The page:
Two recent news items of note. First, this extraordinary piece by News Hour’s Paul Solman, which illustrates the disconnect between what people think about America’s income distribution and the shocking reality:
Harvard economist Richard Freeman tells Solman of the “astounding” growth of income for America’s upper 0.1 percent. “We’re about the same level of inequality as China, and of course in China half the population are rural peasants and not a part of the modern world.”
Also notice that it's the poorer workers interviewed by Solman who seem to know the most about the state of inequality in America.
Next, Joel Kotkin writes at Forbes about increasing incidents of street violence in Western countries suffering from similar problems of income inequality, especially those nations that responded with austerity programs that hurt the lower classes most. He concludes:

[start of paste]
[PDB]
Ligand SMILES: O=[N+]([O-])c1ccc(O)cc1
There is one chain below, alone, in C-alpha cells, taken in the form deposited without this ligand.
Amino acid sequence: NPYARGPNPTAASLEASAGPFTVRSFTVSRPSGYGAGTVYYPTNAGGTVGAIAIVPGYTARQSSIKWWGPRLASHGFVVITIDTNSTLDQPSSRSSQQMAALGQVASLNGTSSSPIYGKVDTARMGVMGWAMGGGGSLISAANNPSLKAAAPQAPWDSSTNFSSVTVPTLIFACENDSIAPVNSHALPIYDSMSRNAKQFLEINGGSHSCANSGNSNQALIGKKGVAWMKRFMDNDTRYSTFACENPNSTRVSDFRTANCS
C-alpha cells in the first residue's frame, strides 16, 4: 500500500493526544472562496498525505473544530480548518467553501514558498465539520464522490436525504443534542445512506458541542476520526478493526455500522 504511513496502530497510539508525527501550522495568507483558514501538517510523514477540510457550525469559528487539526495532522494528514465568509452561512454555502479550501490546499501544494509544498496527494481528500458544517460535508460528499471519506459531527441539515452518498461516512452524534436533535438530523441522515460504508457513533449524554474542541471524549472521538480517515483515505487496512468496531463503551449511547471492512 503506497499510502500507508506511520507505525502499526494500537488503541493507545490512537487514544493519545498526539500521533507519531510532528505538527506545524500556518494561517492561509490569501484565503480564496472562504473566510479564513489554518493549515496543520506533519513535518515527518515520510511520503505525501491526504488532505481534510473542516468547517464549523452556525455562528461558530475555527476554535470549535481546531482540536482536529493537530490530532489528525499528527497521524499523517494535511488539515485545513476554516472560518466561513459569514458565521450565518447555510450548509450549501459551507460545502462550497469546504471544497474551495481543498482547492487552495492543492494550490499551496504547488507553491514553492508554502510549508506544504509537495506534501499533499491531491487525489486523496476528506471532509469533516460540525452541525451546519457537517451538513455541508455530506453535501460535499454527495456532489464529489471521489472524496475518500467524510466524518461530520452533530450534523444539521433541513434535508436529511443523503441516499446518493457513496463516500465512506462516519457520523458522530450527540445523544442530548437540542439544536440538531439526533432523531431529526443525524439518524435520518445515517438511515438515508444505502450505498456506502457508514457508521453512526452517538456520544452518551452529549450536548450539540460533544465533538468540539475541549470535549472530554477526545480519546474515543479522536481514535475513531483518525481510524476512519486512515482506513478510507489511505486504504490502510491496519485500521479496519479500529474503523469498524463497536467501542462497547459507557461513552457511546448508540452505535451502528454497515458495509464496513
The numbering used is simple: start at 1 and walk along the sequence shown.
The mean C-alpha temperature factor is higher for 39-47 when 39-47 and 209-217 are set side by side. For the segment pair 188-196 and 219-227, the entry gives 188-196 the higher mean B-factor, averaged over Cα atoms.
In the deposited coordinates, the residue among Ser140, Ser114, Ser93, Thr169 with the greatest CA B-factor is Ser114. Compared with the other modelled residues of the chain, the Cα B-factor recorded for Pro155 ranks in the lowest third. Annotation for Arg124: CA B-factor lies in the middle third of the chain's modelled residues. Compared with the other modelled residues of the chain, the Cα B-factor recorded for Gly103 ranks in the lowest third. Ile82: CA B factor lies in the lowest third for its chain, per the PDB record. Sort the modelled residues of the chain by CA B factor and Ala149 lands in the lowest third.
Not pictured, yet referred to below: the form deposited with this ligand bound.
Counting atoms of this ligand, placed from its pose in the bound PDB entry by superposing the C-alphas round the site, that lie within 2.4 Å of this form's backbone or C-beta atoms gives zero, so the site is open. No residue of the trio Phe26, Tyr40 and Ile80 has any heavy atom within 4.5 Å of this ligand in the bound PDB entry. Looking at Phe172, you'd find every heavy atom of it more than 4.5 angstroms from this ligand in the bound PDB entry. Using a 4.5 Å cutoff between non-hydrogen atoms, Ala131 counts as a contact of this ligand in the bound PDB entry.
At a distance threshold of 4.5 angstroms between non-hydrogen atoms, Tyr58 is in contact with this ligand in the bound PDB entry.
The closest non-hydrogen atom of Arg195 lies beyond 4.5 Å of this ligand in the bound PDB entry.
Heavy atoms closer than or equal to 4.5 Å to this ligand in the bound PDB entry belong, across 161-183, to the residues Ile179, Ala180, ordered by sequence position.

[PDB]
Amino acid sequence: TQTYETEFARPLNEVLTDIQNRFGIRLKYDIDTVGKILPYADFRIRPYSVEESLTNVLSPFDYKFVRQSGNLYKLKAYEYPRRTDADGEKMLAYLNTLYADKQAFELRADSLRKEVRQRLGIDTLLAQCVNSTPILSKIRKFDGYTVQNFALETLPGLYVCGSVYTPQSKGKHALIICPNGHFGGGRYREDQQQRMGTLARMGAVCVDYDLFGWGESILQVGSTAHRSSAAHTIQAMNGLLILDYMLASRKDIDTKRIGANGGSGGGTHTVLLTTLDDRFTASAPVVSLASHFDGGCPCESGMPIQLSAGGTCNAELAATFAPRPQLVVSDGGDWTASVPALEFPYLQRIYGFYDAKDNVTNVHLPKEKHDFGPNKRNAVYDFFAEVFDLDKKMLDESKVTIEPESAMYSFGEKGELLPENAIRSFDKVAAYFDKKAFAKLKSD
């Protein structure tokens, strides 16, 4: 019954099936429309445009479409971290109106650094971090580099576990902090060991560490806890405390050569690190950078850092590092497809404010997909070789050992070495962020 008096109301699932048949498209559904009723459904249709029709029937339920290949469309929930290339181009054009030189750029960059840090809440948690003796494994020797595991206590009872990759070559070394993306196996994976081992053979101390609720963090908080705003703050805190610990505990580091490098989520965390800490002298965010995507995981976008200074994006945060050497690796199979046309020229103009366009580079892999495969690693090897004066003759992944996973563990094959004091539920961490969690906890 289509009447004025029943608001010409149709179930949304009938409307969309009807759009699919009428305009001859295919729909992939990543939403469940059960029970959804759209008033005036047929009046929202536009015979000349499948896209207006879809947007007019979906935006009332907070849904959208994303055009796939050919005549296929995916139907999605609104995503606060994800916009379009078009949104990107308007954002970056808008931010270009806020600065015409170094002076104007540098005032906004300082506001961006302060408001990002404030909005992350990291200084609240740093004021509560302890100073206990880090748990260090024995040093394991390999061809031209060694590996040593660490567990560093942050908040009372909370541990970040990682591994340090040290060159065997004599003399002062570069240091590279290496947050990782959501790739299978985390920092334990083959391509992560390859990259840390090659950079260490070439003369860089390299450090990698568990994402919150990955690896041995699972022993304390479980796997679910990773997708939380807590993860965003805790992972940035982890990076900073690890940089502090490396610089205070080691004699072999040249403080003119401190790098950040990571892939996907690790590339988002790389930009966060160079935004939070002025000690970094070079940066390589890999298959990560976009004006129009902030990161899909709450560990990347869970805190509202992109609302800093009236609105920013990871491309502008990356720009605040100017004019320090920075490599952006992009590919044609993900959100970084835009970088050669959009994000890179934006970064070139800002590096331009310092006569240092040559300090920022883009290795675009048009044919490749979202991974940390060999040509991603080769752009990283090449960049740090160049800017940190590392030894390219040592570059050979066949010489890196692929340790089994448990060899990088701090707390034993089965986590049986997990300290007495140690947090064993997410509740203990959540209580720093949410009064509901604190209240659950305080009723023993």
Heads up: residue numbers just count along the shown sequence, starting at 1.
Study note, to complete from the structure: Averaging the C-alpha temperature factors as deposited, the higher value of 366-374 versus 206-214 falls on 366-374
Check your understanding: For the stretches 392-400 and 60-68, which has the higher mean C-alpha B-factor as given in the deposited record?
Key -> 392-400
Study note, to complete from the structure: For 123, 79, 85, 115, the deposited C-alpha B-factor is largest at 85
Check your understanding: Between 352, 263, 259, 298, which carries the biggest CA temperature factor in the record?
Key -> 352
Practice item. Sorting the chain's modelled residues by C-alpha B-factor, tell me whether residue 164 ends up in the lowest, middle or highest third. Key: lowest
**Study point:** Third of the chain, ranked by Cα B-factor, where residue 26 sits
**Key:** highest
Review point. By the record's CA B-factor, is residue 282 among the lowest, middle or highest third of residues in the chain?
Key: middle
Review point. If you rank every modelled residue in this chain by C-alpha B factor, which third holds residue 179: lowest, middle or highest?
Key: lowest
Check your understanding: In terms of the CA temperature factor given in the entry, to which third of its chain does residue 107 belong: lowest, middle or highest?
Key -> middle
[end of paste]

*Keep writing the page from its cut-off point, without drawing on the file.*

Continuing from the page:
"[M]odern society cannot run according to the individualist credo of Ayn Rand; economic systems, to be credible and socially sustainable, must deliver results to the vast majority of citizens. If capitalism cannot do that expect more outbreaks of violence and greater levels of political alienation — not only in Britain but across most of the world’s leading countries, including the U.S."
As more Americans come face to face with the reality of an economy spinning dangerously out of balance, will increasing incidents of violence occur here as well?
I think how we respond to the tremendous crisis of inequality in America is the largest challenge our nation has faced in decades. So far Washington has failed to adequately address this. Can we afford any further mistakes?